On the Telco industry…

As Sheryl has mentioned, mobile phone users in Singapore now have the freedom to switch telcos without paying a levy. It’s definitely about time the IDA did something about levies! Seven years ago, UK telco customers were already retaining their numbers at no charge. Which goes to prove that you don’t just need the technology; you need an open mindset to make it work as well.
But I still don’t think I’ll switch networks. I’ve been getting annual discounts from SingTel for the past few years, and personal calls from customer services once or twice a year asking for my feedback. Surprisingly everyone’s been prompt and courteous. Also I believe SingTel still has the best coverage, though I’ve heard Starhub has cleaned up its act a little.
Another thing is, my default SIM card can hold lots more data. My colleague who’s on M1 and using the same phone model as I am, had to upgrade her card, which now is able to hold 30-40 text messages – which is still half the capacity of mine. My father was also stranded in South Africa a couple years ago, unable to call home, because he assumed that if SingTel offered roaming there, M1 did too. A quick call to M1’s Customer Service department confirmed that they didn’t.
Despite this, I believe the local industry has far to go. In the more developed UK market, each telco had more distinct brand personalities and I don’t recall price wars being as rampant in newspaper advertisements as they are over here.
The players were the (then) big boy, Vodafone, BT’s Cellnet (now called O2, which you have probably seen plastered on some English Premier League uniforms). Then there was One-2-One (now called T-Mobile), the cheapest by far. Loads of friends started off with them, then switched to either Voda or Cellnet because they kept on getting dropped calls and poor reception. Sounds familiar?
Then, there was Orange. Some people think I’m silly to feel loyal towards a company. Believe it or not, I still do. Orange was the newest kid on the block, but a year after I graduated I heard that they had overtaken Vodafone as the largest player in the market. Their prices weren’t the cheapest, and they weren’t on the GSM network which many Singaporeans preferred. But they put great thought into every step of the branding, marketing and customer relations experience, without making the effort look obvious.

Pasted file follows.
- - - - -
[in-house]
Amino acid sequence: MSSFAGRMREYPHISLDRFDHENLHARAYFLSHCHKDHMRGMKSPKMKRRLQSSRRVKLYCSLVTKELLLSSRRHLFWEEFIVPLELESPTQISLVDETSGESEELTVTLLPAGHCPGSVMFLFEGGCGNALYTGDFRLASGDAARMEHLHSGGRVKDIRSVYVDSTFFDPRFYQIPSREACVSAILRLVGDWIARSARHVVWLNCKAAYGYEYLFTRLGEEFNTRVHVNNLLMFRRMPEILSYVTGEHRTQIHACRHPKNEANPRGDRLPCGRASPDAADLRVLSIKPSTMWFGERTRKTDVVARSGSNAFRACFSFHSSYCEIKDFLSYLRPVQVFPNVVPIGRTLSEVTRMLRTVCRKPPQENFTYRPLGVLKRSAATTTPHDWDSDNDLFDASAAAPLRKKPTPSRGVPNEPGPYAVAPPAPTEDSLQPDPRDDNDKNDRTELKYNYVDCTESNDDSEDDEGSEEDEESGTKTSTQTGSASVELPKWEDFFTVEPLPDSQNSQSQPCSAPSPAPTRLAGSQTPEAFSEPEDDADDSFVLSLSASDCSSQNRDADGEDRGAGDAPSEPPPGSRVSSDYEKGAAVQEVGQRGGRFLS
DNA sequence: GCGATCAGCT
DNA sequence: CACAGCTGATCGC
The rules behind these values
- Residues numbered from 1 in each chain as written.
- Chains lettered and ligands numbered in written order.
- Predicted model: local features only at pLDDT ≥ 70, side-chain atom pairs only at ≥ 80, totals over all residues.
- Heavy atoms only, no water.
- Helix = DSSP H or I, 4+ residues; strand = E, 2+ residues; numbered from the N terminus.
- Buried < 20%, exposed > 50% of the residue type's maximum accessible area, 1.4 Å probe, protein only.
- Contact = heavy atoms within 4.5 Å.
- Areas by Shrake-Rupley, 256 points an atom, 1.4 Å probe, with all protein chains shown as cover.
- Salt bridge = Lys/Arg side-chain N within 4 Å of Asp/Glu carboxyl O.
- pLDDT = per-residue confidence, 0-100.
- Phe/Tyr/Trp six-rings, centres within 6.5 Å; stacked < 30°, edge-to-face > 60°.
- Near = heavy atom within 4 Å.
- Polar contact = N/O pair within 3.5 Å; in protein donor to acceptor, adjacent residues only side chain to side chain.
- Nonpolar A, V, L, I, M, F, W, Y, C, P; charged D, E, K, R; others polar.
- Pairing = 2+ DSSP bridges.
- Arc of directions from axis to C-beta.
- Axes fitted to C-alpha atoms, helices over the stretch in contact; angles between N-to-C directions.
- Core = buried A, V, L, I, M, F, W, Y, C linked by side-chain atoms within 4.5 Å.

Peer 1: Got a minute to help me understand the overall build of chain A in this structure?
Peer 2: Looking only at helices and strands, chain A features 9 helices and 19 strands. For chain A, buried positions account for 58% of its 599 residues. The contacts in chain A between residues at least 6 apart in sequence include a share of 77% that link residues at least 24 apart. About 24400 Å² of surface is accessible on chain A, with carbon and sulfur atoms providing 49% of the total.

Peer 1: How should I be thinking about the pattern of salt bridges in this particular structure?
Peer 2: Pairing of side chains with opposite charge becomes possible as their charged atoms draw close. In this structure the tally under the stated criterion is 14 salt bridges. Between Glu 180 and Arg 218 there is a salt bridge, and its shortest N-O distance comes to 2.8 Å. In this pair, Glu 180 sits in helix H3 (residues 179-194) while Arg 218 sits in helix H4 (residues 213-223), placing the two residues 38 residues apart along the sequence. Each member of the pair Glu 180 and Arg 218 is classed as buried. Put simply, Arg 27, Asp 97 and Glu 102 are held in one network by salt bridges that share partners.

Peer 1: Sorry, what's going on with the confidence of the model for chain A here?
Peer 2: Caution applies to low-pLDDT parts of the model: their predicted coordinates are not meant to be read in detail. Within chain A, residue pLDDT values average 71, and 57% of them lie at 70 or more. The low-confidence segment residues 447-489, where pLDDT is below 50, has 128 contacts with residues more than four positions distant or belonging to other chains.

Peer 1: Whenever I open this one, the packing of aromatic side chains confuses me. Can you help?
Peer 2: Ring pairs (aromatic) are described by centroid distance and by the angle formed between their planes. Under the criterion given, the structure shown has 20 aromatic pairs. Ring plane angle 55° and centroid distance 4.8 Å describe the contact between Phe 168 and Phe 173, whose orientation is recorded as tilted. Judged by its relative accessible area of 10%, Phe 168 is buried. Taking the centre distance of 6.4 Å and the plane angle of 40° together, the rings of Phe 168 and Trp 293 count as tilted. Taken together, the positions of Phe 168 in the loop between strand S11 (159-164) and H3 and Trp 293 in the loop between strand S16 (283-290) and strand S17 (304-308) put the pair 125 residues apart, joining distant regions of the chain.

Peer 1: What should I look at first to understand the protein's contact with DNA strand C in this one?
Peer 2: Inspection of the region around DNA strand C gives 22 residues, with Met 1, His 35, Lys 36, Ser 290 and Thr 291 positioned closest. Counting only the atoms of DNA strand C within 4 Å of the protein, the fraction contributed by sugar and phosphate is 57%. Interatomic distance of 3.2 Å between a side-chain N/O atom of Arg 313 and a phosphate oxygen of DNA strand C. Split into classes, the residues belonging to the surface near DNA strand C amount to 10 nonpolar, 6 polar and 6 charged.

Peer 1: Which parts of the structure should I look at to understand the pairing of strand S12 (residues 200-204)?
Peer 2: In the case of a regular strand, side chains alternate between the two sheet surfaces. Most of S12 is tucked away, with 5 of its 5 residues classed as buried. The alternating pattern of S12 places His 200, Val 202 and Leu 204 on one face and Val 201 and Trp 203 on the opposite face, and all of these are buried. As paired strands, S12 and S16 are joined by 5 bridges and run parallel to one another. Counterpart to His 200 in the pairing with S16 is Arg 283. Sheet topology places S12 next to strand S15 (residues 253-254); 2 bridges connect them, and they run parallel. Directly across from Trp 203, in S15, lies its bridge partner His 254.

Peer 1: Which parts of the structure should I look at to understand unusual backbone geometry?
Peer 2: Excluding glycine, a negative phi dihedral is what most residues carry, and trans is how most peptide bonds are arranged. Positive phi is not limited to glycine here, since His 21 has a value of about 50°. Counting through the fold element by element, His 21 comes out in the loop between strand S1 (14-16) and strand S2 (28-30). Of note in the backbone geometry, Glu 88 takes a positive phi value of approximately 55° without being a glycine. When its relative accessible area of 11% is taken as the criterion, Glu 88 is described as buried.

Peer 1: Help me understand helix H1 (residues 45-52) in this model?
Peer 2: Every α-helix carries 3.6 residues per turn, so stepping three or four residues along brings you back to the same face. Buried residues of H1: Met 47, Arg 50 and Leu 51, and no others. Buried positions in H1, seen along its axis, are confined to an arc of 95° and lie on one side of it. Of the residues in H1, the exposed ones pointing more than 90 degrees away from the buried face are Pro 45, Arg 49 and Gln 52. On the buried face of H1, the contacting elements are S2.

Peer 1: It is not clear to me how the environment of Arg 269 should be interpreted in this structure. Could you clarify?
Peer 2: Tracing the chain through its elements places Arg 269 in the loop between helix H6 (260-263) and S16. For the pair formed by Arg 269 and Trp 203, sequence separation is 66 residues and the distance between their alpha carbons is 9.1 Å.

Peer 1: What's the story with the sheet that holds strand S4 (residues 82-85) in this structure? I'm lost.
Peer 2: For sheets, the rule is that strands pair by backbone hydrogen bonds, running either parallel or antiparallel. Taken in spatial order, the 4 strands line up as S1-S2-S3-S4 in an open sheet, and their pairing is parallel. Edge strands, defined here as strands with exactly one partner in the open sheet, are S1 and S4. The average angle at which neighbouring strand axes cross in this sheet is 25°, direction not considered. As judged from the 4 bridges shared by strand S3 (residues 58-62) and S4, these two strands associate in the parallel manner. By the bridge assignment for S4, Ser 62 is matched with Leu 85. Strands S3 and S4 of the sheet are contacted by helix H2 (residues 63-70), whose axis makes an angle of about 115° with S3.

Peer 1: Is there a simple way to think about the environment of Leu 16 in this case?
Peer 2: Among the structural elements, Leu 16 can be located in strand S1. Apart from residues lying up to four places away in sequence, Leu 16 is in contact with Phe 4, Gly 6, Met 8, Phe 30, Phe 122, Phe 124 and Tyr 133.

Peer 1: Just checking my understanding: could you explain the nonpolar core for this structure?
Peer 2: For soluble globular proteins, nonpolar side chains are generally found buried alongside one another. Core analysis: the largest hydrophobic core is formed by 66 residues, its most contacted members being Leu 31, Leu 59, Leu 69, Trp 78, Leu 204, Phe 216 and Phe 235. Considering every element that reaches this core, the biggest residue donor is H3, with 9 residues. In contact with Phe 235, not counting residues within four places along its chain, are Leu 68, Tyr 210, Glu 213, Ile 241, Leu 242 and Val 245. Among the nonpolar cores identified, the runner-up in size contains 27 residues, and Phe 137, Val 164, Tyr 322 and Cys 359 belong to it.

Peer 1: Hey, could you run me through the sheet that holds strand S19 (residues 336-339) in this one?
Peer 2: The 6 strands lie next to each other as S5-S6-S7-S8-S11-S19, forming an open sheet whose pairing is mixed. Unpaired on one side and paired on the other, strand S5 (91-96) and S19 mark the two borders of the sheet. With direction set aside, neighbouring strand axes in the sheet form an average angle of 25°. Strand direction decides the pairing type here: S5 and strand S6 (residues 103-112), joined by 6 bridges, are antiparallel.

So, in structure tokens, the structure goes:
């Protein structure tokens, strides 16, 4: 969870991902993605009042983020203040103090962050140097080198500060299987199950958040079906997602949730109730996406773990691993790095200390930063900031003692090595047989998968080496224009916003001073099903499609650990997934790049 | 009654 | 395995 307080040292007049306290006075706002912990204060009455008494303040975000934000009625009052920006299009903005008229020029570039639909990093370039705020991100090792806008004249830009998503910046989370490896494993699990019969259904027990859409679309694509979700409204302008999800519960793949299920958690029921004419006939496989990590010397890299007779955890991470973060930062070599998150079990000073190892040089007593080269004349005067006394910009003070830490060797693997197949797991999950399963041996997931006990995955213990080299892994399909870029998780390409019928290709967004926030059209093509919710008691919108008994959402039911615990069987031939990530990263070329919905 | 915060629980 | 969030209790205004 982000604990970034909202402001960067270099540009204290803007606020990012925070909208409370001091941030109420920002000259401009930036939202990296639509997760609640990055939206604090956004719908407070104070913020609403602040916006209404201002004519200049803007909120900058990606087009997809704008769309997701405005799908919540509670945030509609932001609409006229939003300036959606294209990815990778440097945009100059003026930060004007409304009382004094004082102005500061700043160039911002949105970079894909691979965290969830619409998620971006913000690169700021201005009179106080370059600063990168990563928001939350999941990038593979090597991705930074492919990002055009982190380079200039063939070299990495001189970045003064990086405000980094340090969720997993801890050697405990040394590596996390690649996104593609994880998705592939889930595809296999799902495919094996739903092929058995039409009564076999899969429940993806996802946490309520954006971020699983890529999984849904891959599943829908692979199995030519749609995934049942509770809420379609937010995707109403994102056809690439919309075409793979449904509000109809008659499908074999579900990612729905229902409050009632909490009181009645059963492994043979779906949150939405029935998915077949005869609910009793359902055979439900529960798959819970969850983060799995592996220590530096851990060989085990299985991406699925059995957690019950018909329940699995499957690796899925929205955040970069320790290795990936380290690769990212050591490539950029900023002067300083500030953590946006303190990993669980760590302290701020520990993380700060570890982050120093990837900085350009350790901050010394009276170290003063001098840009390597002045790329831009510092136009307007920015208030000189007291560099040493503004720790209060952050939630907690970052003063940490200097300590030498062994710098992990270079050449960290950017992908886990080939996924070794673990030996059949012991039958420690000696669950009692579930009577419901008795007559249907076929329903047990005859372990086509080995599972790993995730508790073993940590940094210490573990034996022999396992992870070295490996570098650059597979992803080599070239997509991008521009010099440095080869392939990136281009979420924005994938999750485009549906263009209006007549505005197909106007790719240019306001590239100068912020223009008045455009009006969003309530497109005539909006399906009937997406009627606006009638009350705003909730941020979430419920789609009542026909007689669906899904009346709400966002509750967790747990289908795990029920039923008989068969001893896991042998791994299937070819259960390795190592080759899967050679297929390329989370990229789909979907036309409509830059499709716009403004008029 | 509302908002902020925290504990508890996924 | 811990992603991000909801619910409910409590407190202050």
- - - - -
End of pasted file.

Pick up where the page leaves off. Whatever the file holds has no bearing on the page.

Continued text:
What I loved about Orange was the way they pampered me. I’d get a cool Orange lifestyle magazine (that didn’t need to use the word ‘Lifestyle’), and their rewards system was the most intelligent by far. I could do almost anything with my points. I collected enough of them (3000+) after three years, which allowed me to adopt either an endangered rhinoceros or orangutan. Or buy one acre of Brazilian rainforest. Or go skydiving. Or rent a boat. That sort of thing.
Occasionally Orange saw the need to adapt particular handsets to suit its technology, so instead of the Nokia 6110 we’d get the 6110e. I’m not too sure what difference this made, but I quite liked having a beautifully designed user’s guide for your phone.
And I liked it when I made a call to customer services. The rep would answer crisply with a, “Good morning Miss Tan. How may I help you?” Their system was sophisticated enough to put my name to a number, even in the mid-90’s.
Moreover, their price plans were clear and frightfully simple, so I was dead certain of what I was paying for. Things which I still have to pay for seperately in Singapore, were a given with Orange, such as roaming. I also had free itemised billing, meaning they would tell me who I called, exactly which district they were in, which other networks were involved, and how much each individual call would cost. I could switch talk plans immediately without paying a surcharge, which was useful as a student going on three-month holidays. And if I didn’t use up my allocated talktime for the month, it would roll over to the next month.
Apart from what I’ve mentioned above, there are specific things that local companies can improve on. First, simple marketing approaches. Drop the words ‘excellence’ and ‘value-added services’. I’ll decide for myself, thank you very much. Most of the time, your rivals are offering exactly the same thing. And why call something ‘value-added’ when I have to pay more to use it?
Also, I wish they’d do away with the greeting, ‘Dear Valued Customer’. If your technology was really so sophisticated as you claim in your e-newsletter or website, why can’t you use my real name instead? Also, websites that still look like sales pitches, chock full of price-slashing deals with confusing navigation, really do not help.
Advertising-wise, I don’t think much of cheap digs at rivals. Remember that old SingTel ad, with the big red and small orange umbrellas? Let your network performance and your customers do the talking!